Pew Research Center conducted this study to understand Americans’ assessments of their personal financial situation during the current period of economic slowdown and high unemployment rates caused by the coronavirus outbreak. For this analysis, they surveyed 13,200 U.S. adults in August 2020. Everyone who took part is a member of Pew Research Center’s American Trends Panel (ATP), an online survey panel that is recruited through national, random sampling of residential addresses.

More than 70 million Baby Boomers reside in the U.S. Since the time that the oldest Boomers reached age 65, there has been public interest in their impact on the nation’s labor force, public social insurance programs and asset values. The COVID-19 recession resulted in a large and sharp employment contraction across generations. This analysis looked at whether retirements had accelerated among Boomers during the pandemic.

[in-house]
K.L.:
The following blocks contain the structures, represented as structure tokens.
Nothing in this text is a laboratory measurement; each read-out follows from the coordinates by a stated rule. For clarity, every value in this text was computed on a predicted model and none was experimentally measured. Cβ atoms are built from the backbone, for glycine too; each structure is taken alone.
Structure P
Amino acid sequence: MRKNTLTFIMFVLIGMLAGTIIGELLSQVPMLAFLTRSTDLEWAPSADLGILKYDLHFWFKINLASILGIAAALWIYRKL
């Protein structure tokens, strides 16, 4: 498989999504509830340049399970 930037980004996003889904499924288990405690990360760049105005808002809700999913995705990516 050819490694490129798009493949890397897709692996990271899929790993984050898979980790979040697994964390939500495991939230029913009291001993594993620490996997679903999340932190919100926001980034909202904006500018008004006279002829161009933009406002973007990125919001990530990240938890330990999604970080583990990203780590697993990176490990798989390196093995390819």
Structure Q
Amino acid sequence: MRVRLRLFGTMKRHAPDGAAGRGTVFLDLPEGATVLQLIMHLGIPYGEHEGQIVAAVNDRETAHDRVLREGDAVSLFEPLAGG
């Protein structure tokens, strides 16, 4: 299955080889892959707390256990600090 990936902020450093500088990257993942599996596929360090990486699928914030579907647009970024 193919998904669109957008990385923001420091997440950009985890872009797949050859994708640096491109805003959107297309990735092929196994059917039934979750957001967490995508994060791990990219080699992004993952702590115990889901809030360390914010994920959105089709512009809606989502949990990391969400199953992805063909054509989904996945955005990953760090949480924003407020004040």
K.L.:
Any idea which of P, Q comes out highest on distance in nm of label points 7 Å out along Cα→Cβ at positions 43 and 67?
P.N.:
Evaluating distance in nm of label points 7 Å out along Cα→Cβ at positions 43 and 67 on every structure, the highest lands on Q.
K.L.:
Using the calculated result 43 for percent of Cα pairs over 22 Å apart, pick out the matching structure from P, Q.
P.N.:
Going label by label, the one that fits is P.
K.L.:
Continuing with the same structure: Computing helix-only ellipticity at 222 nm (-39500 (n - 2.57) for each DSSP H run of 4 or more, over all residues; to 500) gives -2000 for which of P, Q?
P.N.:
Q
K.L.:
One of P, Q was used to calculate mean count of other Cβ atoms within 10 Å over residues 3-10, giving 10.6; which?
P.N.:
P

The COVID-19 pandemic is inflicting high and rising human costs worldwide, and the necessary protection measures are severely impacting economic activity. As a result of the pandemic, the global economy is projected to contract sharply by –3 percent in 2020, much worse than during the 2008–09 financial crisis. In a baseline scenario--which assumes that the pandemic fades in the second half of 2020 and containment efforts can be gradually unwound—the global economy is projected to grow by 5.8 percent in 2021 as economic activity normalizes, helped by policy support. The risks for even more severe outcomes, however, are substantial.